Civil society reports poor implementation of protection mechanism for HRDs


As reported on the Monitor, an investigation revealed how Mexican authorities had used NSO Group’s Pegasus spyware to target journalists, human rights defenders (HRDs) and anti-corruption activists. A new report by Citizen Lab released in August 2017, confirmed that HRDs Karla Micheel Salas and David Peña were also targets of the spyware in 2015. The two activists provide legal assistance on cases of human rights violations, including legal representation for the families of multiple femicide and homicide victims that occurred in Narvarte, Mexico City two years ago. 

The environment for HRDs in the country continues to be hostile and in some areas increasingly dangerous. As explained on the Monitor country page, Mexico enacted a Law for the Protection of Human Rights Defenders and Journalists in 2012 that created a protection mechanism for HRDs at risk. However, civil society organisations published a report on 26th July 2017 analysing this protection mechanism and outlining the obstacles and challenges to its implementation. The report highlight a few issues in particular, such as the lack of a gender perspective for women human rights defenders at risk and the lack of coordination with the states to implement the protection measures. Furthermore, the report stated that the government has not yet developed any policies to create an enabling environment for human rights defenders and that impunity still exists, violations still occur and in some cases have even increased. 


Journalists in Mexico continue to be the subjected to harassment and intimidation. Examples of such incidents over the last few months include the following:

On 13th July 2017, journalist Lydia Cacho was reportedly threatened while stopped at a street light in Quintana Roo by a man who demanded she stay away from Punta Brava. Cacho is investigating land invasions, corruption and the presence of armed groups in Punta Brava locality. She has been harassed and intimidated in the past and the Inter-American Commission on Human Rights granted her protection measures in 2009. 

A week later in the same region, it was reported that two “mantas”, or banners, containing threats against journalists Pedro Canché and Amir Ibrahim were hung in two different locations. Canché has been the victim of a defamation campaign on social media and was arbitrarily detained for a few months in 2014. Ibrahim has also received threatening messages.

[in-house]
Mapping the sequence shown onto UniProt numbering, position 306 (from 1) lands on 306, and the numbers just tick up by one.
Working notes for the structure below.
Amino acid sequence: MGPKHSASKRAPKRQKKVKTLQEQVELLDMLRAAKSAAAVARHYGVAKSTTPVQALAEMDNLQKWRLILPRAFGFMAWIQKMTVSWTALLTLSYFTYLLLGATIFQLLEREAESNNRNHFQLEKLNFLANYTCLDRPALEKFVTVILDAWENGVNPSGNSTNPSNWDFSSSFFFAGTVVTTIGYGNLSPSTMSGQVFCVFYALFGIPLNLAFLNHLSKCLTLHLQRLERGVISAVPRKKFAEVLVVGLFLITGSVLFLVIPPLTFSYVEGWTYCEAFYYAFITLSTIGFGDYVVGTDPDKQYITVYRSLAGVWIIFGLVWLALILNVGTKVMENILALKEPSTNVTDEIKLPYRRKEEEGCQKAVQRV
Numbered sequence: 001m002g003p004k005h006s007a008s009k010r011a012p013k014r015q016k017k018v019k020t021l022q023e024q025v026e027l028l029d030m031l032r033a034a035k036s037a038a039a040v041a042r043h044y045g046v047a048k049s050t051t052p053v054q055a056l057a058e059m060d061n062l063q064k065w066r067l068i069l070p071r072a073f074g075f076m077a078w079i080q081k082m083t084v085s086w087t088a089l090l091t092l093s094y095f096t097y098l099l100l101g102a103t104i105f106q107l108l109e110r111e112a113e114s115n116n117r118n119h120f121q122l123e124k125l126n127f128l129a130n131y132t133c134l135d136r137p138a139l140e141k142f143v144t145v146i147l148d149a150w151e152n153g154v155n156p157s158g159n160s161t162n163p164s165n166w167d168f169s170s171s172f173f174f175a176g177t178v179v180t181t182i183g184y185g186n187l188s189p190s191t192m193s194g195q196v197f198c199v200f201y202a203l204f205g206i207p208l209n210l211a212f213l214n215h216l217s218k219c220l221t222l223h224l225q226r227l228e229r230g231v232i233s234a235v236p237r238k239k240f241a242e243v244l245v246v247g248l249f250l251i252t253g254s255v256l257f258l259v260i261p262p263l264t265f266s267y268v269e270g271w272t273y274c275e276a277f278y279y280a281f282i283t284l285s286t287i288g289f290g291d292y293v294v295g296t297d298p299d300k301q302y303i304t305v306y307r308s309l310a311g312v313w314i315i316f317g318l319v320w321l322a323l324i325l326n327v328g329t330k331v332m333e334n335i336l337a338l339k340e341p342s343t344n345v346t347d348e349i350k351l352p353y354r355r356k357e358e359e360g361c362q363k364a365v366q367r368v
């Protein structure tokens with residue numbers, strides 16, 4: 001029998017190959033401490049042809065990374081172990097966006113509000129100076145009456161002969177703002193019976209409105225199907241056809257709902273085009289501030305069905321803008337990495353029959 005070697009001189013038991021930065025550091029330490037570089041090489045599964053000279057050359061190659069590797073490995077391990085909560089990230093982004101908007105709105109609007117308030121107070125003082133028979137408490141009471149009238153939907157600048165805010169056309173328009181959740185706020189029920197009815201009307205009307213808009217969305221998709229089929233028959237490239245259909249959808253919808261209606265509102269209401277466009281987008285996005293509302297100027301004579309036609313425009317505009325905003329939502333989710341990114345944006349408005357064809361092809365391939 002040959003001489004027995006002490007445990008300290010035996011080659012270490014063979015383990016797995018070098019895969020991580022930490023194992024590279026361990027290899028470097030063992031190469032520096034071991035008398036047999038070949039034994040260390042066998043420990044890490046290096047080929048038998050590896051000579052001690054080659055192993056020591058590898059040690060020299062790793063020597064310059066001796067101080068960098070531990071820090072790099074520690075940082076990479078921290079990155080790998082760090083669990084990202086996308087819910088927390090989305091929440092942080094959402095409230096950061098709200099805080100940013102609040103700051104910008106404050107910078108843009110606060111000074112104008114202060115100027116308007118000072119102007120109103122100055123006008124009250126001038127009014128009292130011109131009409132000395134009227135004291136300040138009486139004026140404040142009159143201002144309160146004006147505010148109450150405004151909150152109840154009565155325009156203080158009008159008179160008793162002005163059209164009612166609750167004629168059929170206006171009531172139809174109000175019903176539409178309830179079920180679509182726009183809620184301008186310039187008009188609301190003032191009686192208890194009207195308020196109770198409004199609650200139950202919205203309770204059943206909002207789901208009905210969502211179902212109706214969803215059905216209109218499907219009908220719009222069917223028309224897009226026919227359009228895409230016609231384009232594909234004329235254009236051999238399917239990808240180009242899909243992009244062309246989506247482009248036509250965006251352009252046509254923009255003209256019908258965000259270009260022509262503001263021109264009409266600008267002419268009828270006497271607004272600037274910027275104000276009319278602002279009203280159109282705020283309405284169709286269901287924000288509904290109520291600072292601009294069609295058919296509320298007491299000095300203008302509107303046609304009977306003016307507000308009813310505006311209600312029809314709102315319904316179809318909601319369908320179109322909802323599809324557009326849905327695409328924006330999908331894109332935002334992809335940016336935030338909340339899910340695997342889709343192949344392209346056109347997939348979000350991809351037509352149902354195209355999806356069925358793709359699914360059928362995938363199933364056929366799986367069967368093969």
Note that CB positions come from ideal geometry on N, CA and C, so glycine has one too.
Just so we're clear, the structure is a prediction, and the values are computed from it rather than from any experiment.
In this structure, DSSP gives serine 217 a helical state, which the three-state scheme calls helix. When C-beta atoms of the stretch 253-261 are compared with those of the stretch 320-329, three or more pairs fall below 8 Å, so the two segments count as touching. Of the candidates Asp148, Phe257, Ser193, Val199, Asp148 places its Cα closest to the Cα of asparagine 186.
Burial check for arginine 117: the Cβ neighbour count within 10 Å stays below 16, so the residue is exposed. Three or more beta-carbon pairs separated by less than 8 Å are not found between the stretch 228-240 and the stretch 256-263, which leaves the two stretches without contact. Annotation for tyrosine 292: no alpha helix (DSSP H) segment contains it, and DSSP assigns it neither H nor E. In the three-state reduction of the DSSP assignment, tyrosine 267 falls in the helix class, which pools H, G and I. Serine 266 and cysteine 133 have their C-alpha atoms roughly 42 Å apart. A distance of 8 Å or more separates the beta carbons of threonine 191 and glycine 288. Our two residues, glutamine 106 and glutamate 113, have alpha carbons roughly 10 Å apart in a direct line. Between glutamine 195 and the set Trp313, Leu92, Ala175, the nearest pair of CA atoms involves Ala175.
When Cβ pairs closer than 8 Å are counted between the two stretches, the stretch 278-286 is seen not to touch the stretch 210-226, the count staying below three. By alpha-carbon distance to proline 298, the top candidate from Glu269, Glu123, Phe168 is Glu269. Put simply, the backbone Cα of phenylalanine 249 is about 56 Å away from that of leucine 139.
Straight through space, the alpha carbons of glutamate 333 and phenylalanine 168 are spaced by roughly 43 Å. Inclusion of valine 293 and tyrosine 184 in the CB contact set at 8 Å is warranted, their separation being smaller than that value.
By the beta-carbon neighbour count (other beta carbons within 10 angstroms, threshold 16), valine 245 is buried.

In a separate incident, José Maldonado, the founder and editor of Agencia Mexicana de Noticias Noventa Grados, received a threatening email telling him to stop investigating the actions of local law enforcement. The Committee to Protect Journalists reviewed the email and made parts of it public, saying that “the email ends with a series of implicit death threats… and warns Maldonado that if he writes one more article it will be his last”. Article 19 also pointed out that Michoacán, the state where the journalist is currently working, is one of the most dangerous states for journalists; four journalists have been killed in there since 2000. On 13th July, Noventa Grados published an article about prominent justice officials and their alleged connections to organised crime, which may have prompted the threats against Maldonado. 

Another case in July involved journalist Ruben Lopez Dominguez, whose car was found with numerous bullet holes and an intimidating message left on the windshield.

In a positive development, for the first time a first state official has been sentenced for his involvement in an attack against a journalist. On 21st July 2017, the former mayor of Silao, Enrique Benjamin Solis Arzola, accepted responsibility in the case of journalist Karla Silva who was attacked in 2014 by three men who broke into her office and physically assault her. Arzola was detained in 2016 as an “instigator” of the crime committed against the journalist. After he accepted responsibility for the incident, a court sentenced him to a two-year prison term.

Due to the increasing attacks against journalists, several national and international organisations have joined the #AgendaDePeriodistas campaign to address the rising violence against Mexican journalists. According to the Knight Center at the University of Texas, the initiative is designed to bring together key organisations to represent the needs of journalists and create a framework that outlines safer conditions for them to do their jobs. Participants include journalists from 20 states, academics, the National Commission on Human Rights, and groups like Horizontal, Article 19 Mexico and Fundar.

Peaceful Assembly

On 11th July 2017, dozens of protesters marched to the Attorney General’s office in Mexico City in protest over the spike in violence against women. A prominent local official, Alicia Barrientos, led part of the protest and demanded that the government do more to protect women and girls across the country.